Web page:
technical challenges with which Torsten and Marcus were confronted in those early days. How to manage TTS output so that it did not interfere with the phone's audio system? How to keep the Talks system requirements low enough in order that the screen reader would run comfortably with limited storage and processing power? How to keep Talks efficient enough so as not to make the other applications on the phone sluggish and unusable? How to hook the phone’s user interface and convey the content to the user in an efficient meaningful manner? Torsten's deep understanding of these requirements was instrumental in helping solve these and many other technical problems. These solutions remain some of Talks' greatest assets.
When I first heard about Talks 7 or 8 years ago, or Talks as it was known then, my expectations were relatively low. No one had previously put a screen reader on an off-the-shelf mobile phone handset, while at the same time
preserve the phone's original user interface. The received wisdom at the
time seemed to be that a mobile phone screen reader was an unrealistic unachievable fantasy. Torsten dared to dream, decided it was possible, and he and Marcus made it happen.
The apparent elegance of Talks is its simplicity. You don't learn how to use Talks; you learn how to use the phone on which Talks is running. Any great assistive technology becomes transparent to the user, allowing him or her to focus on accomplishing the task in hand. Few people really understood this as well as Torsten. With Talks, the vast majority of common tasks should be carried out in almost exactly the same way a sighted user would perform them. This means the main stream phone help and support remains relevant, and on those occasions when a sighted friend or family member needs to use your phone for what ever reason, the assistive technology does not have to be switched off.
I first tried a demo of Talks on a very trusting friend's Nokia 6600 phone in a student bedsit in 2003. Within the hour I was contacting my network provider to place my order for a Talks compatible handset. Those early versions were far from perfect, but right away I was able to do all the things my friends were doing with there mobile phones: send and receive text messages, work with contacts and eventually browse the web.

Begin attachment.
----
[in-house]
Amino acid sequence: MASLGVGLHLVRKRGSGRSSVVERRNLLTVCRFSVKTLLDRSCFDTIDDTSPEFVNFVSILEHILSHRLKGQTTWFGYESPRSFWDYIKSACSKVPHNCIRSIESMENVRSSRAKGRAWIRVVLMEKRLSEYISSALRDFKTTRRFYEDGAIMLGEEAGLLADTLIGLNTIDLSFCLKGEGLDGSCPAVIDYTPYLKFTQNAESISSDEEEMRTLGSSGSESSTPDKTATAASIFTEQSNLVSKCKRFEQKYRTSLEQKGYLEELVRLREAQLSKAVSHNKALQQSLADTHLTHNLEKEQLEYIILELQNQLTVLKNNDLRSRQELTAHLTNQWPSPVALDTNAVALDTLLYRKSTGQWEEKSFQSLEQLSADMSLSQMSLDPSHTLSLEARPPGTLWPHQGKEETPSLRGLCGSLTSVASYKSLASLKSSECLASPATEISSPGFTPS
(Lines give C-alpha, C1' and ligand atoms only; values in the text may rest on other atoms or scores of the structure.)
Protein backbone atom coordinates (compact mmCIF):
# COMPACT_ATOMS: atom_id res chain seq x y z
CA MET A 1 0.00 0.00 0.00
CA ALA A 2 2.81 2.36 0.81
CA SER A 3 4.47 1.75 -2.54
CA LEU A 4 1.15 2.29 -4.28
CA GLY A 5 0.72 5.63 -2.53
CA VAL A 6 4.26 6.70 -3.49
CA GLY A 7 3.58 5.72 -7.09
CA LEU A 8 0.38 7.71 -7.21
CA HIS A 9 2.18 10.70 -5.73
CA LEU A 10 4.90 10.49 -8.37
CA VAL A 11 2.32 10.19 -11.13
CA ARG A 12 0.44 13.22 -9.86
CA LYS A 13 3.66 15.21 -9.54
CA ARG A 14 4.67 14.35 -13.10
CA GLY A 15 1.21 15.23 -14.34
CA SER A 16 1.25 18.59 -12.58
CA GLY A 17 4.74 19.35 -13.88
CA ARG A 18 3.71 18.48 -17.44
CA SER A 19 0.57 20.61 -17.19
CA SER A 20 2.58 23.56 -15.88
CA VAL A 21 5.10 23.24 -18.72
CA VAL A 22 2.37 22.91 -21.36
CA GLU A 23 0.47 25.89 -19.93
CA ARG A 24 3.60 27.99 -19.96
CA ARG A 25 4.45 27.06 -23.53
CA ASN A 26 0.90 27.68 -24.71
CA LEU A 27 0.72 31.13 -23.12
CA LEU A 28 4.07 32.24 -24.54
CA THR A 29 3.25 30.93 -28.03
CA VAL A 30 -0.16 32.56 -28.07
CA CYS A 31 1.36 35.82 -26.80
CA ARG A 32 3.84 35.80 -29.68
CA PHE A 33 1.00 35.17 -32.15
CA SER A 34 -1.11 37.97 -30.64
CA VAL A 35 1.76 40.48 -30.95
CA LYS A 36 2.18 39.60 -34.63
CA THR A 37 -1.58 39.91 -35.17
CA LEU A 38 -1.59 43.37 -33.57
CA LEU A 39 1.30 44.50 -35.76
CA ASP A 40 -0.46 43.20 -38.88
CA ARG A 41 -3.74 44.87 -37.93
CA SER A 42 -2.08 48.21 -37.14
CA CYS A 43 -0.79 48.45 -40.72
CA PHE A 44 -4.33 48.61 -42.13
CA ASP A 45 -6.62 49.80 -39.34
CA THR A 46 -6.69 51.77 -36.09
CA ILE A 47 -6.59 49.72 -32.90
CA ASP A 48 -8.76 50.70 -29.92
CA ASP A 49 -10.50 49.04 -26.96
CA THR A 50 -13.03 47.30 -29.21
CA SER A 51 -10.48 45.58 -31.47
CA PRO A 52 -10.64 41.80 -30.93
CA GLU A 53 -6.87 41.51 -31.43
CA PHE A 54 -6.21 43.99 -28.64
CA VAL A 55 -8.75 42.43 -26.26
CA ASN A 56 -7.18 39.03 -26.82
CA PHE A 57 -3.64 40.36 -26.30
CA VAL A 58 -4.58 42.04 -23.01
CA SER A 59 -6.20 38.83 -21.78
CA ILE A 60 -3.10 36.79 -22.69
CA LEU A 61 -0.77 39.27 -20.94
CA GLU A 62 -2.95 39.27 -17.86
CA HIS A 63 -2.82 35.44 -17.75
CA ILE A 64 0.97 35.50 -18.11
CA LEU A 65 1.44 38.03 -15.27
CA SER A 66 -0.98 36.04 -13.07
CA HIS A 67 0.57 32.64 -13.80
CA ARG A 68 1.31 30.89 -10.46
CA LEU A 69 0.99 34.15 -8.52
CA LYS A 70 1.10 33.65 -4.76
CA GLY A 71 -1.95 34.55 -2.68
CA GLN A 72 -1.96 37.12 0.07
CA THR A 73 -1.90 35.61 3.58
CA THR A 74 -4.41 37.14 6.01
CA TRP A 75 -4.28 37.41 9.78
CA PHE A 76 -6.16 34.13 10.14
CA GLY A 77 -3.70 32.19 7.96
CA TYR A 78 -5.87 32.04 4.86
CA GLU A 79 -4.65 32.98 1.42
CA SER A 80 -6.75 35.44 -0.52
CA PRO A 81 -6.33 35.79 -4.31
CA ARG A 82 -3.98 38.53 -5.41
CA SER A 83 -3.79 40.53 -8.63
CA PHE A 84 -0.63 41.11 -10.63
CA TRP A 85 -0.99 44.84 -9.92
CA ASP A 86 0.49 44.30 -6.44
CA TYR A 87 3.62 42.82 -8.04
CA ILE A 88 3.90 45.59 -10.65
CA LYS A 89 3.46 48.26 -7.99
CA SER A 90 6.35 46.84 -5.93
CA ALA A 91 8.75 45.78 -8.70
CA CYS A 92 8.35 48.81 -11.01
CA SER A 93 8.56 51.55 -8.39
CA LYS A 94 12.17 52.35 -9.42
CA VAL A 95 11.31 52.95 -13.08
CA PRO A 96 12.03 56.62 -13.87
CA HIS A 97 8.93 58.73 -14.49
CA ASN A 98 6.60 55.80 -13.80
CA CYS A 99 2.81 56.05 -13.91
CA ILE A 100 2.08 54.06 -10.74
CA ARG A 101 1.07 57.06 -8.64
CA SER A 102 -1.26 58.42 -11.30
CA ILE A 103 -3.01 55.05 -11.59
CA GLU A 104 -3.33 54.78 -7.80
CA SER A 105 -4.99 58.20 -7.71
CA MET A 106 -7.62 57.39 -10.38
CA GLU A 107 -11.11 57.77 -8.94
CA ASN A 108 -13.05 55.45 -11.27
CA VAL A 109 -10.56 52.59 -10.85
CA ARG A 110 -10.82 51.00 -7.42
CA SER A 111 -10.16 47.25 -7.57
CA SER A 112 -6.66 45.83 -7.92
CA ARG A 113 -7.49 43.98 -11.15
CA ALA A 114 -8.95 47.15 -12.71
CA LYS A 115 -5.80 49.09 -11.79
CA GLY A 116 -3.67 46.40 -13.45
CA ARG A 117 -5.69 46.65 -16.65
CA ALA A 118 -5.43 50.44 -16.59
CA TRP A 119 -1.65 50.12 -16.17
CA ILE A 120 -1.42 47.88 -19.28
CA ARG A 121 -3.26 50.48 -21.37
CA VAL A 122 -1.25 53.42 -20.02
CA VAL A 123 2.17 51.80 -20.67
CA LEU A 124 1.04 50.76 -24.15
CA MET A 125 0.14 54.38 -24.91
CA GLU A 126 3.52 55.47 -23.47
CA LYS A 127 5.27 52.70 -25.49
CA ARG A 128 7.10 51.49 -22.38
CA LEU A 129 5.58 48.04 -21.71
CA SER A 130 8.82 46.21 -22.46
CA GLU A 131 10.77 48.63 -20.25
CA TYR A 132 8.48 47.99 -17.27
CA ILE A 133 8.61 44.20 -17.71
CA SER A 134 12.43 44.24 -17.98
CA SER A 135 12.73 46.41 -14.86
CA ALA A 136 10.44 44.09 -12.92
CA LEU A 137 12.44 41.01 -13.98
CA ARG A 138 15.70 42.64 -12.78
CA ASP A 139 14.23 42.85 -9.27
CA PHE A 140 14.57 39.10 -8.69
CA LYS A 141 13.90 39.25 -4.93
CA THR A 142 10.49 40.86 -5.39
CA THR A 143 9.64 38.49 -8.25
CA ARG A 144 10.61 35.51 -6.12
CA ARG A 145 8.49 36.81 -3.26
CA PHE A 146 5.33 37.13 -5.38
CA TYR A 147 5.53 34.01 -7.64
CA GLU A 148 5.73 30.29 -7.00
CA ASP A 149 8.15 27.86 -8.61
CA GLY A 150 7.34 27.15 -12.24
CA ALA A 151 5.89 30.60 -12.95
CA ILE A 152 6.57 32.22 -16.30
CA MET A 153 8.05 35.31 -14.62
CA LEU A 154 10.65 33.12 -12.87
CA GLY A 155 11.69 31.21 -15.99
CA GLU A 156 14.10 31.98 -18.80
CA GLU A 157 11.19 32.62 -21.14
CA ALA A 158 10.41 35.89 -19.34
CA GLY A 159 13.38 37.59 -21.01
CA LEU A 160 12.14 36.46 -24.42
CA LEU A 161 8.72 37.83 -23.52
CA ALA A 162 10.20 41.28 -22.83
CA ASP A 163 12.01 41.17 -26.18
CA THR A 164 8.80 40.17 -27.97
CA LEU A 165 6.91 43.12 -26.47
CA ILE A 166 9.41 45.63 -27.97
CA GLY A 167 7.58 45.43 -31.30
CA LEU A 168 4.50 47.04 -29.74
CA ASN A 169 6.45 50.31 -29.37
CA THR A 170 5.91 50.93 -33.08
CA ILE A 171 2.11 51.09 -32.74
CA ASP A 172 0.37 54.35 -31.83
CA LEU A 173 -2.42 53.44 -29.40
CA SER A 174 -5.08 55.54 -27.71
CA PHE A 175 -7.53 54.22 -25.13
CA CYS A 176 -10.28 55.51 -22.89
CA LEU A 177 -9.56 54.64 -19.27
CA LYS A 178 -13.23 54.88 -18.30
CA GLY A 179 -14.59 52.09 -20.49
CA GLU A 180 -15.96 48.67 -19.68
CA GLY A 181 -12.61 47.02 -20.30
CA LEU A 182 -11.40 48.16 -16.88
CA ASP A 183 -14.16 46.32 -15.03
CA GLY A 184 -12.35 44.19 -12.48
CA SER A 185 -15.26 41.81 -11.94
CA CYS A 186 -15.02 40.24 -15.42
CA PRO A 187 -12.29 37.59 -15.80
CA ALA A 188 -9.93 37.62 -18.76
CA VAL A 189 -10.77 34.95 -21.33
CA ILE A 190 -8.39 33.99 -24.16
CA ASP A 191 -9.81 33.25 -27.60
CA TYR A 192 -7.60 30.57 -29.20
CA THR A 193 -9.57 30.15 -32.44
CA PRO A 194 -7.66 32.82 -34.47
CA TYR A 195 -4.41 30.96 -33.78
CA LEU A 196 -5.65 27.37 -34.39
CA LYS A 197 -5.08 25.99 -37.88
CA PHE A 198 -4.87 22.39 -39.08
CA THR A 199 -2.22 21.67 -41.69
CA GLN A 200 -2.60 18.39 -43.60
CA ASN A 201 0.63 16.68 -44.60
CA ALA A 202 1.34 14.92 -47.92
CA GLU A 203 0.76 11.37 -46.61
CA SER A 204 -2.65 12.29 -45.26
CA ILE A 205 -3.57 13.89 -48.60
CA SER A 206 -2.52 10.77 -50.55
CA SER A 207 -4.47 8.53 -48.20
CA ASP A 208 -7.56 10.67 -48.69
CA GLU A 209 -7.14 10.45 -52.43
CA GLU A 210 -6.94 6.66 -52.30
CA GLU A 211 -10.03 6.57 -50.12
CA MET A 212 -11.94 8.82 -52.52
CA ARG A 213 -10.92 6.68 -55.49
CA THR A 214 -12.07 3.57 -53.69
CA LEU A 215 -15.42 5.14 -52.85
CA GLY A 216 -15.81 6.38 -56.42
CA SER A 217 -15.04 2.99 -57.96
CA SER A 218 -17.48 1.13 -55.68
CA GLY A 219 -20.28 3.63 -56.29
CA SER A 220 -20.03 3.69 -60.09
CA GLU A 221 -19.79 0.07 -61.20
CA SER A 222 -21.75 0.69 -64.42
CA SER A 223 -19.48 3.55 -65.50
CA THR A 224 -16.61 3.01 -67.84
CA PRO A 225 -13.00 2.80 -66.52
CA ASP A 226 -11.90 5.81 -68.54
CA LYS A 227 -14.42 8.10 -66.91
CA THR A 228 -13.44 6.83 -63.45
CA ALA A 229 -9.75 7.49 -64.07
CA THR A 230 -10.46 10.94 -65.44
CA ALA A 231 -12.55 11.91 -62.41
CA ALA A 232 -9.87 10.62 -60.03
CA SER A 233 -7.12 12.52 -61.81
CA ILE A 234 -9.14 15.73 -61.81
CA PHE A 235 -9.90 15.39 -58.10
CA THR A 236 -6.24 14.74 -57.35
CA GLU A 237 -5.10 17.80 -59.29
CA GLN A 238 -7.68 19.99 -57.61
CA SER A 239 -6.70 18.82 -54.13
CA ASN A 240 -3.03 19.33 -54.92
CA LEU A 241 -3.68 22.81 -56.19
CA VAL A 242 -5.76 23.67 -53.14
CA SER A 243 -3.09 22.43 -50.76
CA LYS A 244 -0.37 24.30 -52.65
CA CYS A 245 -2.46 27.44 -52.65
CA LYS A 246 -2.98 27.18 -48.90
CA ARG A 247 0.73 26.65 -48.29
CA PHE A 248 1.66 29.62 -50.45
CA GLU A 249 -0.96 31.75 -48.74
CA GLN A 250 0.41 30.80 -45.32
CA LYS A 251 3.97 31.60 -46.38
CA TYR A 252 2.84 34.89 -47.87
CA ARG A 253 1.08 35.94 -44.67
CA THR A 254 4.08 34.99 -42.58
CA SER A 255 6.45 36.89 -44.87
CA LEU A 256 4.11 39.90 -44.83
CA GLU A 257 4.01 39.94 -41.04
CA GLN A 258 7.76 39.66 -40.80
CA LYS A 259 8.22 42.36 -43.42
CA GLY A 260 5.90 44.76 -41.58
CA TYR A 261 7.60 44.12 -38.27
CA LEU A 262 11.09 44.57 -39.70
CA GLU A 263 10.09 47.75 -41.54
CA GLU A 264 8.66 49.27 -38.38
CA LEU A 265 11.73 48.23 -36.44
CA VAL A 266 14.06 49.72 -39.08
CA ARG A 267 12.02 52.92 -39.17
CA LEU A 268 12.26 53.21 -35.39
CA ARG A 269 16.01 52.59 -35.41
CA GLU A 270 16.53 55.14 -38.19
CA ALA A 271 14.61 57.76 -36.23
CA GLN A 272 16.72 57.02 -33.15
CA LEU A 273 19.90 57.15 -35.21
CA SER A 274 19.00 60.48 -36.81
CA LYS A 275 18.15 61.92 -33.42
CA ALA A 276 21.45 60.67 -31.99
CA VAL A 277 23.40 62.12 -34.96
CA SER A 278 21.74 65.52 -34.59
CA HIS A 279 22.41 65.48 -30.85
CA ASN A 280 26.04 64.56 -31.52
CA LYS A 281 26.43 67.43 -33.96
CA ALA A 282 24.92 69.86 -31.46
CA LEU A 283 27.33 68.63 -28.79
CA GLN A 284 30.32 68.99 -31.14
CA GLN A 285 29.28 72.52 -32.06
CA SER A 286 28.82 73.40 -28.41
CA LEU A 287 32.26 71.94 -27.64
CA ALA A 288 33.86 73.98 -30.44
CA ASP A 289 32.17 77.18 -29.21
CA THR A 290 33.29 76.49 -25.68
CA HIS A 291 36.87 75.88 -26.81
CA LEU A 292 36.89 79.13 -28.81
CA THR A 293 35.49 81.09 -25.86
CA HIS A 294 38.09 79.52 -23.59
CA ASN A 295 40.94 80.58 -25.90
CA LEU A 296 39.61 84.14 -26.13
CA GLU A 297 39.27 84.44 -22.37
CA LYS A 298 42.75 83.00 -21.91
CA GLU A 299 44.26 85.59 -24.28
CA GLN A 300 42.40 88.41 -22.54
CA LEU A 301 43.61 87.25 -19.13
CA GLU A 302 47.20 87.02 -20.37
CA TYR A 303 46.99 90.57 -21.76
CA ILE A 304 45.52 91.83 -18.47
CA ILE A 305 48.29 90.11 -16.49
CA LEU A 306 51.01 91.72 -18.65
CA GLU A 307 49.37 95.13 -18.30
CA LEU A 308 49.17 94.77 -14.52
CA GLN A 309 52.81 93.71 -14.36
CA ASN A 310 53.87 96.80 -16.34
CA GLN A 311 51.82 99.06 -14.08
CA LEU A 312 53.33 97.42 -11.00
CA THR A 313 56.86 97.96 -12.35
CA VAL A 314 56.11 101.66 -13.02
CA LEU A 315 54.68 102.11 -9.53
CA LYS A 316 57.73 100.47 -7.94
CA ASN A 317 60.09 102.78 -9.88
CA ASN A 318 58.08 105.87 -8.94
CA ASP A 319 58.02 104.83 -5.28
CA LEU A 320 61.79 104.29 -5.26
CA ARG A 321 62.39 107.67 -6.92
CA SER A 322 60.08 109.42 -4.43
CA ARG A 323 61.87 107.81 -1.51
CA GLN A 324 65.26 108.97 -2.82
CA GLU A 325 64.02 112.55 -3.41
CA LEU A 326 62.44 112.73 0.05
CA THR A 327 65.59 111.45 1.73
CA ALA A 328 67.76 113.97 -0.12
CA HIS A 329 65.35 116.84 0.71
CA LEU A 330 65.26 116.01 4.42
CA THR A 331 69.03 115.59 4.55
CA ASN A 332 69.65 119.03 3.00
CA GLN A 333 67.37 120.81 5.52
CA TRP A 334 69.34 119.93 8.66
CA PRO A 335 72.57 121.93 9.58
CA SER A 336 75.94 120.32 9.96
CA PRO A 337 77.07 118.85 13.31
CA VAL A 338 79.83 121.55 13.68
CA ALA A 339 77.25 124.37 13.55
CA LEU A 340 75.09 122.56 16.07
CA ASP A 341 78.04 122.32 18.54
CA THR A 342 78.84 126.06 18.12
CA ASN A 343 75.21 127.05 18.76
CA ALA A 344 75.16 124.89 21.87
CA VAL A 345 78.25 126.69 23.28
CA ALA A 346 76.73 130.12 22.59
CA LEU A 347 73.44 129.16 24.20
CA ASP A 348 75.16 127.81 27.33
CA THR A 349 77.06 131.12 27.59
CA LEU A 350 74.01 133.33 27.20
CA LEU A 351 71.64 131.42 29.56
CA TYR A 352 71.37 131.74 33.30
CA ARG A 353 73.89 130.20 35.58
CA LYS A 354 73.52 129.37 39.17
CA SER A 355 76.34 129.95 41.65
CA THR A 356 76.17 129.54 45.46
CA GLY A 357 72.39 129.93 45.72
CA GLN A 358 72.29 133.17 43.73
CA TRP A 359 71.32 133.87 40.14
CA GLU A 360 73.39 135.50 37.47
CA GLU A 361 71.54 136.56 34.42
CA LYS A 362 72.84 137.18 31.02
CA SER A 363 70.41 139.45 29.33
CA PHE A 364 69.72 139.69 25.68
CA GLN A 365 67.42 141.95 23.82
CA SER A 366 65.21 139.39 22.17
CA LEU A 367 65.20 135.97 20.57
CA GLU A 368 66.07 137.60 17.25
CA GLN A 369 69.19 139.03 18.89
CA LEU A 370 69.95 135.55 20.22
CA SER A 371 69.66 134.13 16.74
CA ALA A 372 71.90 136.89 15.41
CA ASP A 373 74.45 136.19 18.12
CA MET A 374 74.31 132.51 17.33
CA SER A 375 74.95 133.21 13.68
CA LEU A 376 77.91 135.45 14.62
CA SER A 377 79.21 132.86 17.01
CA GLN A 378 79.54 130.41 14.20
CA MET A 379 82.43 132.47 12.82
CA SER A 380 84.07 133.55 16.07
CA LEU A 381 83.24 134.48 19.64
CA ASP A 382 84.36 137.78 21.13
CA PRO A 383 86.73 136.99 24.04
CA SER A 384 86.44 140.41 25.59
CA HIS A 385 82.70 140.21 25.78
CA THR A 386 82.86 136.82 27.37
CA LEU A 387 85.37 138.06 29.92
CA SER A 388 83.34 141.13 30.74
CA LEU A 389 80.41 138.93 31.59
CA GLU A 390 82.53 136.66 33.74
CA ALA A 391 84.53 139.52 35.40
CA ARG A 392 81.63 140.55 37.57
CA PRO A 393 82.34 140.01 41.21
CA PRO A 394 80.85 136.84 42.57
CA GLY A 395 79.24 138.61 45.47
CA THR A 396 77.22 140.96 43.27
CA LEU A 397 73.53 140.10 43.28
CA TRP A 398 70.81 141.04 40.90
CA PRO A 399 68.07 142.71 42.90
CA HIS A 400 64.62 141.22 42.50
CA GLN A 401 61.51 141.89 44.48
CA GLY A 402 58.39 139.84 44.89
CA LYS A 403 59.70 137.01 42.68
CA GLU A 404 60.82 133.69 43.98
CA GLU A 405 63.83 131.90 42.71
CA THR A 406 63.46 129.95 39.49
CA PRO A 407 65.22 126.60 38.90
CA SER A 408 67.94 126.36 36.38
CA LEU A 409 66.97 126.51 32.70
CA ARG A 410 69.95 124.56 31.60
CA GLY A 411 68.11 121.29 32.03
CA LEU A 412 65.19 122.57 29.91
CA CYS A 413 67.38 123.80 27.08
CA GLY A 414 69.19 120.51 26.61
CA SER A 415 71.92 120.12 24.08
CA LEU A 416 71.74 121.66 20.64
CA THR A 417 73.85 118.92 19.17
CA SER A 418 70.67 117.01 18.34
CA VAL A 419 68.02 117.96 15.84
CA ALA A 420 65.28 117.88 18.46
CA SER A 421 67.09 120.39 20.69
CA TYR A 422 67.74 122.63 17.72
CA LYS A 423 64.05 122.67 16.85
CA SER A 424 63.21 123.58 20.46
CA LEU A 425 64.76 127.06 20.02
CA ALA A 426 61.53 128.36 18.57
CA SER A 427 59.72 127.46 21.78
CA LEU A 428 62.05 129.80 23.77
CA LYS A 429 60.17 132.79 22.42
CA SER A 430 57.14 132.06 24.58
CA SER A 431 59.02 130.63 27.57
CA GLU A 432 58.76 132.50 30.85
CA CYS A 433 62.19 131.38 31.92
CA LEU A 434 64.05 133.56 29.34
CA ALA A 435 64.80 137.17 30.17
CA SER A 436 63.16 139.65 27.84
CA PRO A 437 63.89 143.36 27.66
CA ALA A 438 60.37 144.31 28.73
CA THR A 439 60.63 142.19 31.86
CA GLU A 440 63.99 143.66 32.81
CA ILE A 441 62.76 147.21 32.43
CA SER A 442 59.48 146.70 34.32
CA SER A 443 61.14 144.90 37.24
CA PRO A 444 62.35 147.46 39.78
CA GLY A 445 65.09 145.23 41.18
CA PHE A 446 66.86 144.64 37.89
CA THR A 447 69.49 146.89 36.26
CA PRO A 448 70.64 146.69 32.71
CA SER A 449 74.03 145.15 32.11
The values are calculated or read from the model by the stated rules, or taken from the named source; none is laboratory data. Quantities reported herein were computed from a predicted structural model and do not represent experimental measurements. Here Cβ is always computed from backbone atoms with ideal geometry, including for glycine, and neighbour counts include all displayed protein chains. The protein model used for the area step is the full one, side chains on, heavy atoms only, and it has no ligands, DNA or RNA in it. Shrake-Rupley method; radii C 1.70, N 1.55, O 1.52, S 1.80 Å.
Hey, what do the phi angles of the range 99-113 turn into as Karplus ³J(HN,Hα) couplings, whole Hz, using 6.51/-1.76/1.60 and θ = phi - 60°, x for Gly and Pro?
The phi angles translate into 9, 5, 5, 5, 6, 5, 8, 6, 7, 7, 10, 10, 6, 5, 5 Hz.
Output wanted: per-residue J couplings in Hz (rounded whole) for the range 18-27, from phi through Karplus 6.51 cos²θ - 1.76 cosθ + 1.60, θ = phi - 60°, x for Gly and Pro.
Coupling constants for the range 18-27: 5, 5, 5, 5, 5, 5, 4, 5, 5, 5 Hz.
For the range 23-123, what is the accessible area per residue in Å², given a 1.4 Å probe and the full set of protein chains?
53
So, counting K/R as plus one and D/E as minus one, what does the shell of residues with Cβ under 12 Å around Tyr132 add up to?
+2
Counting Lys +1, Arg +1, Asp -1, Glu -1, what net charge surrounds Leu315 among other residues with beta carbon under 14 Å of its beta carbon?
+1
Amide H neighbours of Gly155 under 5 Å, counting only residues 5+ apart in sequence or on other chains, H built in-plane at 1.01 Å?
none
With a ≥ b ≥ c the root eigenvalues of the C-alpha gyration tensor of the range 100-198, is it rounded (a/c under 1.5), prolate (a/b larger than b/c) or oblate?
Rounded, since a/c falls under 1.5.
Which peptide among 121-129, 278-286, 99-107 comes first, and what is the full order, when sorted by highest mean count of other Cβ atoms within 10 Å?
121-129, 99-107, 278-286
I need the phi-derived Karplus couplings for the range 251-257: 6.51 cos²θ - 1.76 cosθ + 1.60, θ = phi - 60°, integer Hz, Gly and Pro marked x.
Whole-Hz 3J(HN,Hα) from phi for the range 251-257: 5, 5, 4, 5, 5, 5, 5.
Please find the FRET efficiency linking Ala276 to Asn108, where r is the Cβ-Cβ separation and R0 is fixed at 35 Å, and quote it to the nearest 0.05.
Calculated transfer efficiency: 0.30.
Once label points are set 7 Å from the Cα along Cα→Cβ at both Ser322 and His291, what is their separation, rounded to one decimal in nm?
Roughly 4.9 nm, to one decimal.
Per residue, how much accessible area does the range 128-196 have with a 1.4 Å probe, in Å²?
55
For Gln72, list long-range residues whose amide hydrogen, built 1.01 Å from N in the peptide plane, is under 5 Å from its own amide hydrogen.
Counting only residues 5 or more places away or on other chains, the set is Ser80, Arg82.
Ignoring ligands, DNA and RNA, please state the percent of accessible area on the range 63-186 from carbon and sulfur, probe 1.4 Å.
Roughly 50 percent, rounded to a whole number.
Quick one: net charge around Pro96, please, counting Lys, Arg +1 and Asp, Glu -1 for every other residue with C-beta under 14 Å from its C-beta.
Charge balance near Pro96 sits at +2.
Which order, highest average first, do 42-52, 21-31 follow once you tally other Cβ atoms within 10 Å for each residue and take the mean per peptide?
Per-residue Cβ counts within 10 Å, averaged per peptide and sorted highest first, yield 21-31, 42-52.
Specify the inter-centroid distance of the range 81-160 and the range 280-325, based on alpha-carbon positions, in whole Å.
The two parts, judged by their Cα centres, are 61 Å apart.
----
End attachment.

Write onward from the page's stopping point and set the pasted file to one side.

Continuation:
Talks is one of those products that after you have been using it for a couple of days you wonder how you ever lived without it. It was not long before Talks became the first piece of assistive Technology I use in the morning, and the last one I use at night, not to mention many many times in between.
Within a few days of getting Talks I was being contacted by blind people who wanted to know more about this Talks software about which I was so excited. I have lost count of the number of Talks installations I have done for people. But like many blind people at the time, I truly believed that Talks represented a massive step in to the future.
Torsten was a regular at the Sight Village assistive technology exhibitions in the UK. I had to meet the man who had put a voice inside my phone. I remember waiting in a long line of people eager to meet Torsten. It seemed to take forever to reach the front, not least because the queue was so long, but also because Torsten was taking the time to patiently answer questions from enthusiastic users.
On meeting Torsten in person, I found him to be a gentle giant of a man with a deep rich voice and distinctive booming laugh. Torsten was clearly proud of Talks but always willing to pay close attention to feedback from users. Torsten was not afraid of constructive criticism. Years later, I was to learn first hand about Torsten’s no compromise commitment to quality, and his persistent efforts to get the very best from developers.
One of my favourite Torsten mantras is “the user guide is the specification”.
Torsten’s generosity with his time lead to my recording several interviews with him for ACB Radio.
Torsten probably never really knew just how many lives were touched by his work. Talks users can be found in dozens of countries around the world. And countless blind people without the means to purchase a full Talks licence simply use the Talks ten minute demo.
When I joined Dolphin in 2006, Talks was one of the products I was raving about. A year later Torsten, Steve Palmer (Dolphin’s Chairman) and I met over a curry in Birmingham as Dolphin began talking seriously about collaborating on Talks for Windows Mobile. Eventually contracts were signed and Talks for WM became available through the Verizon in the US.
For the past two years, rarely has a week gone by when I have not had either phone or email communication with Torsten. I will continue to learn from Torsten’s work, miss our weekly meetings, Torsten’s attention to detail, but most importantly Torsten’s unwavering refusal to ever give up fighting for the best possible user experience.
Thank you Torsten. May your legacy live on.
To read more tributes to Torsten from around the world visit the Book of Condolence at:
For more information about the Talks software visit:
Wednesday, 17 June 2009
Arlo chillin in his highchair. Get those feet off the table!
Sunday, 14 June 2009
Arlo in his new activity center.
Sunny Saturday by the Severn
Wednesday, 10 June 2009